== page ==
Indian student dies as Russia shells university city

An Indian student was killed on Tuesday 1 March in shelling in Kharkiv city in Ukraine, the Indian Ministry of External Affairs confirmed, while thousands of Indian and other foreign students who had been studying in Ukraine fled across the border in scenes of chaos, desperation and fear.

“With profound sorrow we confirm that an Indian student lost his life in shelling in Kharkiv this morning. The ministry is in touch with his family,” said a tweet by Arindam Bagchi, spokesman for the Ministry of External Affairs.

The student has been named as Naveen Shekharappa Gyanagoudar (21) from India’s Karnataka state.

According to reports from other students in Kharkiv, he lost his life when he stepped outside the metro station to buy food for himself and other Indian students taking shelter there. Another 200 students were holed up in a bunker under a university residence in the city.

Students in Kharkiv – which has 38 higher education institutions with 300,000 students including 12,000 international students – said they were told to remain where they were by Indian embassy officials.

Naveen was a fourth-year medical student and his father said he had had to send him to Ukraine because despite scoring 97% in his pre-university course, he could not secure a medical seat in the state, The Hindu reported.

“It became inevitable for us to send him to Ukraine for studies. But we lost him,” his distraught father said.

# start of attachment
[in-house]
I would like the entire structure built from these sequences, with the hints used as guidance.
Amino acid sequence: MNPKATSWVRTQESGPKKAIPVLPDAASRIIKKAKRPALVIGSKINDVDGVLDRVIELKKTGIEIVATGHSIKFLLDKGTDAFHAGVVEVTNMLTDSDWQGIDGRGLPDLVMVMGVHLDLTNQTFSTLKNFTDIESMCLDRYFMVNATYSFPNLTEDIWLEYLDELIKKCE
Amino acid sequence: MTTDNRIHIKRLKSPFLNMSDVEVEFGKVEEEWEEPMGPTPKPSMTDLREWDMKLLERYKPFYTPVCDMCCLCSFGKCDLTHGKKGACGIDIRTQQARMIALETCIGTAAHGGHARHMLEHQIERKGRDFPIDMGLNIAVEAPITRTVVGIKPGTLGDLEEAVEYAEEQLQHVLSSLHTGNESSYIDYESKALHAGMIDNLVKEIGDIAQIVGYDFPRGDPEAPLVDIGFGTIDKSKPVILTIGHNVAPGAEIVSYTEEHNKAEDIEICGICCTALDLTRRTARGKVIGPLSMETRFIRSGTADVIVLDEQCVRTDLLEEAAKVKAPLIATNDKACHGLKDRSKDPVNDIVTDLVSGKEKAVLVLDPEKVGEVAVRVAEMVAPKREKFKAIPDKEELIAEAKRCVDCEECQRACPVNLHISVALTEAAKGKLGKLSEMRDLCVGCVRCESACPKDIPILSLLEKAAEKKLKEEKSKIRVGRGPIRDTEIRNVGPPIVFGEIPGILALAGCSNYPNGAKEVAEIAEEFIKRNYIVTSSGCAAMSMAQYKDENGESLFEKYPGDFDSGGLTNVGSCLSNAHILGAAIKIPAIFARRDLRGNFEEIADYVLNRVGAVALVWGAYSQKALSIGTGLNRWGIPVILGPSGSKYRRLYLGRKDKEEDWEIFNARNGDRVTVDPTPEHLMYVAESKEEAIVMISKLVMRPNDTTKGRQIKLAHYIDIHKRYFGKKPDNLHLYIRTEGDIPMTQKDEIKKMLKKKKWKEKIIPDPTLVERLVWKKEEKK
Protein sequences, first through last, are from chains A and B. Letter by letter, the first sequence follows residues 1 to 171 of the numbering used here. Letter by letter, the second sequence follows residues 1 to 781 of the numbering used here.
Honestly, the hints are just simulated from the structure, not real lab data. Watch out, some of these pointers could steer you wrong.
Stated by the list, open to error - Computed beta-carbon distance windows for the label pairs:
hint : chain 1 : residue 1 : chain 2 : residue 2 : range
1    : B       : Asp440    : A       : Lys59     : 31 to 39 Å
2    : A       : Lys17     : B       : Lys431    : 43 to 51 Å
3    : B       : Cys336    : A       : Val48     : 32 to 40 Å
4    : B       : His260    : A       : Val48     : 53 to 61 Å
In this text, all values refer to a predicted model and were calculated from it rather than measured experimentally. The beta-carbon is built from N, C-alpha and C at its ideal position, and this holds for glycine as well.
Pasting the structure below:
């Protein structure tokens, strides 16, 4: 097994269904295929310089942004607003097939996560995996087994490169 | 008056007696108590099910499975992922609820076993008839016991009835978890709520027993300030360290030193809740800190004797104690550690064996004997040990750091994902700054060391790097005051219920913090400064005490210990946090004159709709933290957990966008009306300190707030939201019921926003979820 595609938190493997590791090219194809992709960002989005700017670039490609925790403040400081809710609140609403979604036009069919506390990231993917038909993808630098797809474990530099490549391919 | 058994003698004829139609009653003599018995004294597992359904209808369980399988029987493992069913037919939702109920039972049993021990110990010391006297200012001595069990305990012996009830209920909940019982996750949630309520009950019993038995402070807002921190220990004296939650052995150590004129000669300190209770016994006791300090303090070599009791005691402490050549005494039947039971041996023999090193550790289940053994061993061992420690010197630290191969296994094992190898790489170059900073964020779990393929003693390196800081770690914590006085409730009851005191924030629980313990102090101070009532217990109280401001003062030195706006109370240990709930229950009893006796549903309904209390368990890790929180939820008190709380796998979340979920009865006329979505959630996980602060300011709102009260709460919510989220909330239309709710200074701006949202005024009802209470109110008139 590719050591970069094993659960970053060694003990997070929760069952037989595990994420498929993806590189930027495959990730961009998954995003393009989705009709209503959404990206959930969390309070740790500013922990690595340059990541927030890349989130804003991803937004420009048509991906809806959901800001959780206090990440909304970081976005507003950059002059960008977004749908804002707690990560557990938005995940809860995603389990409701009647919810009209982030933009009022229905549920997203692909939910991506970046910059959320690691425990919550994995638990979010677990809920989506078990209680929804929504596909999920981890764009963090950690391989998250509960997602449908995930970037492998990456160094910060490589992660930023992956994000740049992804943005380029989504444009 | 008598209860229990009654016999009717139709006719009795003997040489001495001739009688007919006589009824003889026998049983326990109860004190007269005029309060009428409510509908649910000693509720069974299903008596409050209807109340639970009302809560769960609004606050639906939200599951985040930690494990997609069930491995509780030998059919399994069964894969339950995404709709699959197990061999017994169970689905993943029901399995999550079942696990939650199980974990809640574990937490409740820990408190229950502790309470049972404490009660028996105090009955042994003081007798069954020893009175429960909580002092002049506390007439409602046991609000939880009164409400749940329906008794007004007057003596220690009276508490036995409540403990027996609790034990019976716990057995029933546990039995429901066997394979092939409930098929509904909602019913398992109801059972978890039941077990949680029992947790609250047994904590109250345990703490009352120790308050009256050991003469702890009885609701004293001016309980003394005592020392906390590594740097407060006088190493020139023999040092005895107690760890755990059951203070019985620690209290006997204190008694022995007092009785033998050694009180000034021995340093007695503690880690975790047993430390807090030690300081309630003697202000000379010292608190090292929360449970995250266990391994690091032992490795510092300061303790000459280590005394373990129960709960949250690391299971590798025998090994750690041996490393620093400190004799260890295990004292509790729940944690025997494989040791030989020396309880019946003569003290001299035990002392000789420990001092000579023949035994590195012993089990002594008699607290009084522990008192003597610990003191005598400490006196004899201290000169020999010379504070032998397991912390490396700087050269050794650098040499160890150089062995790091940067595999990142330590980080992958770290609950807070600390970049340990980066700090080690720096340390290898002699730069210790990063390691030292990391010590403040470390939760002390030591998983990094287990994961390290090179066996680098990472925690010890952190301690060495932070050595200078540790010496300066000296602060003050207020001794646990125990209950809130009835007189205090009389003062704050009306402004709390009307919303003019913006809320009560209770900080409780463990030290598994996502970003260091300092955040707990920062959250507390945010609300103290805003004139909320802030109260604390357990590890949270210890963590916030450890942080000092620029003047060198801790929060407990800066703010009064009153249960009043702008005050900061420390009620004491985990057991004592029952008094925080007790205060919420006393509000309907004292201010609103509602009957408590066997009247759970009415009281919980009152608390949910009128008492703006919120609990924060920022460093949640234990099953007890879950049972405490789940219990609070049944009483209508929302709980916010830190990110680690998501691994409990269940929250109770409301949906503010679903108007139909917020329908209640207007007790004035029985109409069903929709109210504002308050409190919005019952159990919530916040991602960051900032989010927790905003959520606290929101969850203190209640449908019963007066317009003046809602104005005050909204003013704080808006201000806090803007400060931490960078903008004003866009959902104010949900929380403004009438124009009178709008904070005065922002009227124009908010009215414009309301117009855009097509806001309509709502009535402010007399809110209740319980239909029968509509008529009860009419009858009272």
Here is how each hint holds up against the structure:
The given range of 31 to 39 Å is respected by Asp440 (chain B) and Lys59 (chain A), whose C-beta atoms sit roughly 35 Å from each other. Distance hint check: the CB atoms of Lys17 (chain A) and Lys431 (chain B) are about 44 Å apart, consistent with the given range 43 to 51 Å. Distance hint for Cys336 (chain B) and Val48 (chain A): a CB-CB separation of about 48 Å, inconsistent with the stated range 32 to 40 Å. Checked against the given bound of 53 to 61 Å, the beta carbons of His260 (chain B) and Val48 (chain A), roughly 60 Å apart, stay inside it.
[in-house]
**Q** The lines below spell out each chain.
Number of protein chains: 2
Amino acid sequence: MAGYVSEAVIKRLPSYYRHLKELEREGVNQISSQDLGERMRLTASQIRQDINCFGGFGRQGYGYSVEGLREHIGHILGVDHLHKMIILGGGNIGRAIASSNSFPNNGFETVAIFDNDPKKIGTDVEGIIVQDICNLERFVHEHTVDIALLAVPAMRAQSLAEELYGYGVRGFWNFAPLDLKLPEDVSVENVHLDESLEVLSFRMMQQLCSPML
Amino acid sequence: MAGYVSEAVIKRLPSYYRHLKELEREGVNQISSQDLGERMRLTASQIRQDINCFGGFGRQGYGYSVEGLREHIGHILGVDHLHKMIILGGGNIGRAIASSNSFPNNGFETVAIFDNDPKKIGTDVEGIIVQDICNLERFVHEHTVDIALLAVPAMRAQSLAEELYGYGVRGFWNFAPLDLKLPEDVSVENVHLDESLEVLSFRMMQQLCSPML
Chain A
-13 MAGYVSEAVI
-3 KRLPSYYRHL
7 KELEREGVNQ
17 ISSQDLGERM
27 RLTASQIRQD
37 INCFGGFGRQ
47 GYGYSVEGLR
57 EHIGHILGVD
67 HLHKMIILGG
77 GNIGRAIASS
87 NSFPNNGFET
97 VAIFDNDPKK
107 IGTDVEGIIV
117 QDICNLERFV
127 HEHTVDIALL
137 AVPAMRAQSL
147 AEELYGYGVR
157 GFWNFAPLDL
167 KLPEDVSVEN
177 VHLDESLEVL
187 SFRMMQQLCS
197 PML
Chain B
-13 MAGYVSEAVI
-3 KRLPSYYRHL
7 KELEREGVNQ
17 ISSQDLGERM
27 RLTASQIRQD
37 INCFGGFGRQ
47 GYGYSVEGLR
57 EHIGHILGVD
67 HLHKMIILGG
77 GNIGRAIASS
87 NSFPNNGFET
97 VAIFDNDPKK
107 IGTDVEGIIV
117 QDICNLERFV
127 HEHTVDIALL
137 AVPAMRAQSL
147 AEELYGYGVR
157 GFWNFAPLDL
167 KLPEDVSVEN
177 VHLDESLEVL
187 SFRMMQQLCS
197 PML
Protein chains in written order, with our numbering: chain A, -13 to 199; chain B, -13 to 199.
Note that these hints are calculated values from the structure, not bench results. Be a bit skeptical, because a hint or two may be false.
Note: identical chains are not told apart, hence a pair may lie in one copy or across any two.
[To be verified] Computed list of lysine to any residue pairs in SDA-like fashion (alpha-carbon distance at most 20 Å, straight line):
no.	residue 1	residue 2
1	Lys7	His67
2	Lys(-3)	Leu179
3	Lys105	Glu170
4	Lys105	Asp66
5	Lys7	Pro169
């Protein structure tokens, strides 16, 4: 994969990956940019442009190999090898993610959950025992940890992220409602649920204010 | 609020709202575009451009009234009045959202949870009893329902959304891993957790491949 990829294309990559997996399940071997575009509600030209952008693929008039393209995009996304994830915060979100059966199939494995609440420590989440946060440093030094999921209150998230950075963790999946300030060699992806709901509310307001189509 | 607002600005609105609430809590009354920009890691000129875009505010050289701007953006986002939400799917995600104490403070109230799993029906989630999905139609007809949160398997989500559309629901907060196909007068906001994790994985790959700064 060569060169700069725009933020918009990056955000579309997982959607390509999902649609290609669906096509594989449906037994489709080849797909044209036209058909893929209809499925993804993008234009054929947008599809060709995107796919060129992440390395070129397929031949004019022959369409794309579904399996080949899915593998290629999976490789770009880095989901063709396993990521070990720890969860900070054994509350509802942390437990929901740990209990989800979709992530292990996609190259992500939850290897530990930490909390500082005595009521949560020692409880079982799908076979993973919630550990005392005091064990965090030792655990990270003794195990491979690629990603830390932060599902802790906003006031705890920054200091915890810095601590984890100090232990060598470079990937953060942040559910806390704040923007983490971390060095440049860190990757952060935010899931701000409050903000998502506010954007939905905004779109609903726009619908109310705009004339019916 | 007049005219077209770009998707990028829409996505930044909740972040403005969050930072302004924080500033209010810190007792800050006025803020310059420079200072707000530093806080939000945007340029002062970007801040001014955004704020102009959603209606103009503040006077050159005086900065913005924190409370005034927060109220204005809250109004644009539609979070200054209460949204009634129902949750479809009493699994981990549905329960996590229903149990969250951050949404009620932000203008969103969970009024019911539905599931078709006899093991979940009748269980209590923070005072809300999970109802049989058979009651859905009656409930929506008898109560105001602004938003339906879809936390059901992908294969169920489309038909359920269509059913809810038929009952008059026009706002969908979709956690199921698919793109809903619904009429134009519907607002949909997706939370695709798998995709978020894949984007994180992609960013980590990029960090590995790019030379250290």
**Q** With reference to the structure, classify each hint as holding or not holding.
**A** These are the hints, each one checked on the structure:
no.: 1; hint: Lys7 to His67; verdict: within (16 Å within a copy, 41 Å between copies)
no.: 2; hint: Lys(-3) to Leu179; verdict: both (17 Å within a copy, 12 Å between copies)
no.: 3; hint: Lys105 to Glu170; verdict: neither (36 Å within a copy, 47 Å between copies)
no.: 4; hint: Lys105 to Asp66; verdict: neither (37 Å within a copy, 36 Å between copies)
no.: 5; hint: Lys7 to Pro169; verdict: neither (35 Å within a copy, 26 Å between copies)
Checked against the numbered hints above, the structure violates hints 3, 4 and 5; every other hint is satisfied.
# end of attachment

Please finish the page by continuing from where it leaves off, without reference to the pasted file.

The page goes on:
The killing of an Indian student has sent shockwaves among relatives of Indian students still trapped in Ukraine. Anxious parents are now eagerly waiting for the return of their children.

Facing freezing temperatures and hunger, and scared and exhausted, every student in Ukraine has a story to tell. Others were still holed up in bunkers in cities under attack or trying to make their way to Ukraine’s borders.

ndia’s Embassy in Kyiv issued on 2 March issued an urgent advisory to Indian nationals in capital letter to “leave Kharkiv immediately repeat immediately in the light of the deteriorating situaton.”

Citizens were advised to proceed to Pesochin, Babaye, in the western suburbs of the city and Bezlyudovka, 13 Km south of Kharkiv “as soon as possible for their safety. Under all circumstances they should reach these settlements by 1800 hrs (Ukrainian time) today.”

Social media reports early on 2 March showed university buildings of Kharkiv National Agrarian University, Kharkiv National University of Economics, VN Karazin Kharkiv National Universities under attack with buildings on fire.

India has around 18,000 students in Ukraine – 25% of all foreign students in the country.

The Indian government has brought home over 4,000 of its citizens, most of them students, but the numbers in Ukraine are still high. The Indian embassy in Kyiv issued a fresh advisory on 1 March: “All Indian nationals including students are advised to leave Kyiv urgently today. Preferably by available trains or through any other means available,” the embassy said in a tweet post.

In New Delhi, India’s Prime Minister Narendra Modi on Tuesday also asked the Indian Air Force to evacuate stranded Indians.

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